Diving into Fantasy

With a pandemic In our midst, uncertainty is the norm and though the air is cleaner, anxiety makes it hard to breathe easy.

In times such as these, where can you go except into fiction? And what better fiction than that of the unreal, the fantastic and the bizarre? Indian fantasy is a riot of demons and demon hunters. There are shapeshifting yakshis and crazed chudails; there are ghouls called pretas and werewolves. The future too is not far behind.

Reading fantasy is a guilty pleasure I’ve developed over the years. Like Bilbo Baggins who left the Shire, every alternate reality is an opportunity to leave behind the comfort of your home or in times like these the chaos all around.

I’ve created a list of some fantasy fiction titles by South Asian authors. Feel free to add more South Asian authors in the list in the comments section and I will update it.

Magical Women edited by Sukanya Venkataraghavan: This anthology includes stories crafted exclusively by women authors and features India’s female spirits and demon hunters.

The Liar’s Weave by Tashan Mehta: A story of cosmic errors, set in the Bombay of the 1920s. Zahan Merchant is born without an assigned future and he can change his reality with the power of his lies. How far will that take him?

Dark Things by Sukanya Venkataraghavan: In the dark realm of Atala, Ardra the Yakshi confronts the very essence of her own existence and the maleficence of her Queen, Hera.

The Devourers by Indra Das: A literary waltz in werewolf territory. The underbelly of Calcutta comes alive with creatures from myth and folklore.

Feral  by Lakshmi Hariharan: A paranormal genre novella, Feral is part of the Many Lives series and tells the story of Maya and Luke, with an alternate version of Mumbai as the backdrop.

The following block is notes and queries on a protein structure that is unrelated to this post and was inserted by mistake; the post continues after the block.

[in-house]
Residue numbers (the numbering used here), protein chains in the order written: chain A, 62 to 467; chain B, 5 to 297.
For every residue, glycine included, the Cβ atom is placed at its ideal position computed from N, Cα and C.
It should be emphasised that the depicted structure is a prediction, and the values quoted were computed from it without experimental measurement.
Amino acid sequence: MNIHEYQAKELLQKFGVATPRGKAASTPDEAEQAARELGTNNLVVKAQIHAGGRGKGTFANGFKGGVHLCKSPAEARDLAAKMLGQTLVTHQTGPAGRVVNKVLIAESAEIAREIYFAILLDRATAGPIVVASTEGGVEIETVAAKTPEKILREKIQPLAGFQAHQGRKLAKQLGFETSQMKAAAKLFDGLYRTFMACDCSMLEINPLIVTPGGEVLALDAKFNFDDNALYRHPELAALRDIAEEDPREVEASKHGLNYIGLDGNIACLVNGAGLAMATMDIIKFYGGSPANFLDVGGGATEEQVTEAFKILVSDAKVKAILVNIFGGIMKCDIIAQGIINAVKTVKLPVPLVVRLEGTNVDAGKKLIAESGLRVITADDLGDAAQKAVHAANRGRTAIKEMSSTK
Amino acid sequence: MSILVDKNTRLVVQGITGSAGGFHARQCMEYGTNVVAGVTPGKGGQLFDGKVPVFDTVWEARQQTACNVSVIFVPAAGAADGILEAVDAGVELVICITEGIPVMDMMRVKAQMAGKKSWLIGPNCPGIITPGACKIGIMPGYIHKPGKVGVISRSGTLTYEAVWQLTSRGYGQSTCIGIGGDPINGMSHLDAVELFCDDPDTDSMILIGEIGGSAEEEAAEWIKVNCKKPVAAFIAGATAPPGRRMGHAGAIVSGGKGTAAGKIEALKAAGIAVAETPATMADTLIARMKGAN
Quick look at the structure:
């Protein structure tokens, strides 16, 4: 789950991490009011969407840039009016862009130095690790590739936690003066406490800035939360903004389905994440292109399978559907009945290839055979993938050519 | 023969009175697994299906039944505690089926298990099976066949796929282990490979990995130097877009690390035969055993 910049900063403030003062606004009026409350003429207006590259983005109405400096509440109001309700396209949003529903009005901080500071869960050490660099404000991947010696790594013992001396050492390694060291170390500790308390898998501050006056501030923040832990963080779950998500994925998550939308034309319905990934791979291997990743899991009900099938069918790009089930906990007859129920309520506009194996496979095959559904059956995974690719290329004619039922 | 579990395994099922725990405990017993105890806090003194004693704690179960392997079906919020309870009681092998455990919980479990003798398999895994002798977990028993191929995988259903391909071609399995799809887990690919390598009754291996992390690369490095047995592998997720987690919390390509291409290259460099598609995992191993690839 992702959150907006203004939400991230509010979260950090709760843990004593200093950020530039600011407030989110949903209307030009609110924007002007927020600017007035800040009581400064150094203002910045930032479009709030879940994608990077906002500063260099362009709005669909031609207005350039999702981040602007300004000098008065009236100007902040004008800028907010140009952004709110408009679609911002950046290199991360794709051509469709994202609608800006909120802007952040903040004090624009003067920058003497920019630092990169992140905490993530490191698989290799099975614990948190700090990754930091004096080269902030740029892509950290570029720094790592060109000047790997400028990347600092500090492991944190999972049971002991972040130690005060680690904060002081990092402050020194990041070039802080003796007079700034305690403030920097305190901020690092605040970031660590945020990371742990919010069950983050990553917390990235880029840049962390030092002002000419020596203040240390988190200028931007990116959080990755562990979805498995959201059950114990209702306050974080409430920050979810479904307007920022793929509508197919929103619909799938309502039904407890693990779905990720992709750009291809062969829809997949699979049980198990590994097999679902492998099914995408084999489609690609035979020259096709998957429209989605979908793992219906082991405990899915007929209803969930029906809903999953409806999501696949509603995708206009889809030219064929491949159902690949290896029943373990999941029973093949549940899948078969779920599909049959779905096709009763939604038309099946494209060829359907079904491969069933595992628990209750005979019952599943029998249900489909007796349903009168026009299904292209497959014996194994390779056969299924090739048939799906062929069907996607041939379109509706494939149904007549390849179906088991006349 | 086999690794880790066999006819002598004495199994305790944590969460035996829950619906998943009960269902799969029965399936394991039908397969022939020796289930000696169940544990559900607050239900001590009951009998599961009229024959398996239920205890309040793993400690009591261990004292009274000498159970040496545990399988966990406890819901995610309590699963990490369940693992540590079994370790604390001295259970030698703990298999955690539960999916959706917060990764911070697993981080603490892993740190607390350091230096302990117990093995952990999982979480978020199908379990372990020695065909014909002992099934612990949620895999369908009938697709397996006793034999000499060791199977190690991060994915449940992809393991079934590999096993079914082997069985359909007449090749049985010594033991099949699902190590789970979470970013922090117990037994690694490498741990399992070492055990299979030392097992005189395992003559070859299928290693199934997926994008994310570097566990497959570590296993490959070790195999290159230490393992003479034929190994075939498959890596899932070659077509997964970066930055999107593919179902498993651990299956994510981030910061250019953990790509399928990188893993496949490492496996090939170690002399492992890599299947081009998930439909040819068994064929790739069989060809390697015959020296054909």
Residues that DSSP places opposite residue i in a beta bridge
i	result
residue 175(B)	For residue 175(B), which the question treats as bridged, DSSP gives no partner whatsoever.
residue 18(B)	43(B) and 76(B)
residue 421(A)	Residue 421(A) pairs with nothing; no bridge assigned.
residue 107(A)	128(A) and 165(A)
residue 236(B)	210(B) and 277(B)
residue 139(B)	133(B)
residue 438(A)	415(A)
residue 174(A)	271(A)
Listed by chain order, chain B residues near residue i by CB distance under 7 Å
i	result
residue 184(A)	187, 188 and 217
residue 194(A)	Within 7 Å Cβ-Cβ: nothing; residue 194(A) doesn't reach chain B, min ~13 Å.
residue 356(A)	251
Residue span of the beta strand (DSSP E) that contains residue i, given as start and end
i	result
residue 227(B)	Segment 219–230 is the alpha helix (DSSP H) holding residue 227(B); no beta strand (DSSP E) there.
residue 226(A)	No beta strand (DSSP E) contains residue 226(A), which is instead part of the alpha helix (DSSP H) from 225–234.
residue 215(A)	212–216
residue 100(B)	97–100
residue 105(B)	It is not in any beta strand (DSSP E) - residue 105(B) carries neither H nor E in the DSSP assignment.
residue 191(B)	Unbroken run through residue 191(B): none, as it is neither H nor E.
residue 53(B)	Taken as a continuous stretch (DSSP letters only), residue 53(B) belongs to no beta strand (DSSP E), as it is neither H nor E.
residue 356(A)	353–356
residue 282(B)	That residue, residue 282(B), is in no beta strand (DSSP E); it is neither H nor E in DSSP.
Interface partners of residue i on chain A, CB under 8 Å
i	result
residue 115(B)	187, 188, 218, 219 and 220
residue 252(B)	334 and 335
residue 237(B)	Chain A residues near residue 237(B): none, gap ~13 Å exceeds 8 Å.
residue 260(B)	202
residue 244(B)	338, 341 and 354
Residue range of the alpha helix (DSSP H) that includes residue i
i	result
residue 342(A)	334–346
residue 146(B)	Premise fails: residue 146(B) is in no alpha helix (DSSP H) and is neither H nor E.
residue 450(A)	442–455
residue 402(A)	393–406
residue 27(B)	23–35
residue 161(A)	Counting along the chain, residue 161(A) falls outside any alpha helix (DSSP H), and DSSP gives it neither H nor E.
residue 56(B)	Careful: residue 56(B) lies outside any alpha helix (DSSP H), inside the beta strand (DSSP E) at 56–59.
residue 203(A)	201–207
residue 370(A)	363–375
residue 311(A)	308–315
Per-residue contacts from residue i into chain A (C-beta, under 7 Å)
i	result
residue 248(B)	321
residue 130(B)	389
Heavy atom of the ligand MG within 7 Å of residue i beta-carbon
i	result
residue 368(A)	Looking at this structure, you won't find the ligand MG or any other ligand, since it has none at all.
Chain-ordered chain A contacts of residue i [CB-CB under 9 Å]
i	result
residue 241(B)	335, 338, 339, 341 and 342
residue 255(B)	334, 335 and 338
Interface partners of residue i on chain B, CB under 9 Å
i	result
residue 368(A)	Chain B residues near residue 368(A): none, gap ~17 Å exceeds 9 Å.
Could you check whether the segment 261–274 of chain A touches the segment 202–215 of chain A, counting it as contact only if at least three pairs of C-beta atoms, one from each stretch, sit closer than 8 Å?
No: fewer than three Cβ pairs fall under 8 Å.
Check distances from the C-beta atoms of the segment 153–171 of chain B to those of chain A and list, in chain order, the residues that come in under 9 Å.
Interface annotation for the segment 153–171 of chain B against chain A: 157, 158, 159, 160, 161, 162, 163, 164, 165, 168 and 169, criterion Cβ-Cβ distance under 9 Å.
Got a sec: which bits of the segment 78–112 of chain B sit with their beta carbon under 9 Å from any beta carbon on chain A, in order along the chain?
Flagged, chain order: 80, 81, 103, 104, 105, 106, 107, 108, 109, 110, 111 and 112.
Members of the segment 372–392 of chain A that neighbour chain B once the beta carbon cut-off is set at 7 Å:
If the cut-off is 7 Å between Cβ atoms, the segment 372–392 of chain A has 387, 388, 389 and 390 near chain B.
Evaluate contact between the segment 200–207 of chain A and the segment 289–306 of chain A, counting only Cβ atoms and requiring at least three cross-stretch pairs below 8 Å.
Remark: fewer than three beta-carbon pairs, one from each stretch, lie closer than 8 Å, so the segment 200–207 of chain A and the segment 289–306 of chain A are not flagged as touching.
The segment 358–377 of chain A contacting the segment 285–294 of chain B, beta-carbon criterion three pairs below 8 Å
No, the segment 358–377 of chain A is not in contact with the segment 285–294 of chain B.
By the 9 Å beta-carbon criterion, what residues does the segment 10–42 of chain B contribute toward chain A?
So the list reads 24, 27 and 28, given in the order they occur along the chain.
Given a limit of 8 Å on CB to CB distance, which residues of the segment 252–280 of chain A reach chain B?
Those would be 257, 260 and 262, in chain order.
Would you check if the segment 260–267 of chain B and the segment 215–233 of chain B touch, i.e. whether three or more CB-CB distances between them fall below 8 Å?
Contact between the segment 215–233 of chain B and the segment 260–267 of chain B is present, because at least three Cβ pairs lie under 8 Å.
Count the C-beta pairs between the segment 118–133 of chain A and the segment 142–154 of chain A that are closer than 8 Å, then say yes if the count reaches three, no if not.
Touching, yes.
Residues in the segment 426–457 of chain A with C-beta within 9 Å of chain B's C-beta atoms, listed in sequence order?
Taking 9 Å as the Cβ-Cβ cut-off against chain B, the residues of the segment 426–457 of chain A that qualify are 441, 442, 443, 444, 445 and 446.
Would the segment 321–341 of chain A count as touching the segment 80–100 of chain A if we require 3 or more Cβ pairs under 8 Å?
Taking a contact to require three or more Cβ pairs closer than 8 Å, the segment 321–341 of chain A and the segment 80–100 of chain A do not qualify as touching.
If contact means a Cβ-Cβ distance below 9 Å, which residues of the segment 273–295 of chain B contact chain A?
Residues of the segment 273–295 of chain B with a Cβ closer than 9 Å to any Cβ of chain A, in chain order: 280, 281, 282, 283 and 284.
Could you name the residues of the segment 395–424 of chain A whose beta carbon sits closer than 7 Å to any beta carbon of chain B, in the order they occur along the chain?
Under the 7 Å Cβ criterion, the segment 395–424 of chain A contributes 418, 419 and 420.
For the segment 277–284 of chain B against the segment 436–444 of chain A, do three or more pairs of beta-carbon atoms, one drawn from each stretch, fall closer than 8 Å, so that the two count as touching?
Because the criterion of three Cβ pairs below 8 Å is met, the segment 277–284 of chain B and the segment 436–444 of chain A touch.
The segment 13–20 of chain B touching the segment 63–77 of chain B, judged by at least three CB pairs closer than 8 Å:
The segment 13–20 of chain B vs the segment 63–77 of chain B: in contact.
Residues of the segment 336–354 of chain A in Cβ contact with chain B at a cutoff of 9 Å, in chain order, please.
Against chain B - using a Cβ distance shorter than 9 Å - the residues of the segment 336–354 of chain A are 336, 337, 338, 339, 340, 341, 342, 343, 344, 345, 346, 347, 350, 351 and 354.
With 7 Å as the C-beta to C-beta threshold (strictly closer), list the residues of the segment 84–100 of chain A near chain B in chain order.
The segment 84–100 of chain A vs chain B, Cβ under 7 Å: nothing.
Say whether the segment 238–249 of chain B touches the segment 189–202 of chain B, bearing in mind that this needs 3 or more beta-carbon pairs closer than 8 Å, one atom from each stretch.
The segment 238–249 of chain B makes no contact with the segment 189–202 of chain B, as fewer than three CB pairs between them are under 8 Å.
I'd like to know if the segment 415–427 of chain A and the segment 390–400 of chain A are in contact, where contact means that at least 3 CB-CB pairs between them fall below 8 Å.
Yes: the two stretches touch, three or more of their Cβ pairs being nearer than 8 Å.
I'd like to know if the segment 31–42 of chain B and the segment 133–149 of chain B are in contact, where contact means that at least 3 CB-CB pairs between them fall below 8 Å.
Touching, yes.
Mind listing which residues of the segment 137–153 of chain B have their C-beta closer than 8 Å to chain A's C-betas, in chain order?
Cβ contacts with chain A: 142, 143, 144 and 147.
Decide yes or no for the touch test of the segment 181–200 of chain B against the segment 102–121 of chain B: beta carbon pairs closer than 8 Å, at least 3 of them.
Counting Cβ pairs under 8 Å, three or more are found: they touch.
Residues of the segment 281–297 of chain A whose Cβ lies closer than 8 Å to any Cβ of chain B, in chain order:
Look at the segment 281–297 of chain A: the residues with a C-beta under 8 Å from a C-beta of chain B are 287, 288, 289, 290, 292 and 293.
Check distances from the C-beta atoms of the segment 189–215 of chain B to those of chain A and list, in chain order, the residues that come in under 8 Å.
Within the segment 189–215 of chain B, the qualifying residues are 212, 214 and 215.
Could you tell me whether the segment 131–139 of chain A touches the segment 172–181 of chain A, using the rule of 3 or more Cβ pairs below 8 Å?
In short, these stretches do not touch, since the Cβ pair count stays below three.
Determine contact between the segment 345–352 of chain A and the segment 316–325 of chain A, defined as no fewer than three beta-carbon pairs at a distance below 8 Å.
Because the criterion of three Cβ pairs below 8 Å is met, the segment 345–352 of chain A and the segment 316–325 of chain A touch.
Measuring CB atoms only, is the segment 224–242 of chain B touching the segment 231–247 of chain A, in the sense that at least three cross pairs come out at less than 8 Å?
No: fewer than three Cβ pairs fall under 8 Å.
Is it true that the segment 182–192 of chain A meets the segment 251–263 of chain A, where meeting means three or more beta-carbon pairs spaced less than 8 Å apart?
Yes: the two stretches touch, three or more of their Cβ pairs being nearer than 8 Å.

The Pauper Prince and the Eucalyptus Jinn by Usman T.Malik: What happens when a Jinn from the stories of his grandfather in Lahore troubles the memories of a Professor in the US? A poetic read.

Djinn City by Saad Z. Hossain: A book set in Dhaka, Bangladesh, it tells the story of Indelbed whose father was a magician and a trusted emissary to the djinn world.

The Devil Hunter of Chotanikkara  by SV Sujata: In the temple town of Chotanikkara in Kerala, demons lurk and there are many: Pishacha, Vethaalam, Pretha. Devi can rein them all in except for one.

Tantrics of Old: Book one and Horsemen of Old: Book two of the Tantric Trilogy by  Krishnarjun Bhattacharya: Occult tales set in Kolkata featuring banished Tantrics and a horseman called Death.

Mahayoddha Kalki: Sword of Shiva by Kevin Missal: Indian fantasy has never-ending possibilities. Missal plays on the Kalki myth and creates a character called Kalki Hari who is armed with a weapon given to him by the gods. He sets himself upon a dangerous path.

The Last Witch of Sumer by Venu Joshi: In Del Tores, the Supernaturals –witches, vampires, ghouls and necromancers– constitute the social elite. The abduction of a high Witch sets the scene for Anja’s adventures.

Vikramaditya Veergatha Book 1 – The Guardians of the Halahala by Shatrujeet Nath: The guardians of the Halahala must come to Shiva’s aide if the war between the Devas and Asuras must end.

Cult of Chaos: An Anantya Tantrist Mystery by Shweta Taneja: Anantya Tantrist, an investigator, deals with djinns and a renegade aghori teacher. Shweta Tanuja’s urban fantasy series is a tryst into Delhi and its darkness.

Ambiguity Machines, And Other Stories by Vandana Singh: Speculative fiction written by an author who has scientific sensibilities and a deep sense of plot.

Leila by Prayaag Akbar: Set in a dystopia, a digitized pure city where the rich and poor live different lives, a mother searches for her missing daughter.

Yakshini by Neil D’Silva: Primarily a writer of the horror genre, Neil D’Silva has also written a book about the supernatural spirit, the yakshini or yakshi, my favorite femme fatale!

If you are unable to get the print book versions due to shipping issues, the eBooks will be available! All of you stay indoors as much as possible, read and be safe!

2 thoughts on “Diving into Fantasy Leave a comment

  1. In times like these, everything does seem fake. Fantasy isn’t fake really. When you read LOTR, it’s real. The hobbits are us and hope is fairies. The real world is fake in a way- our ideas of success and failure, the systems we have built…fantasy and myth are just crutches. They help people to deal with the systems and currency and powers that be- the real deal or the fake. Thank you for commenting and stay safe!

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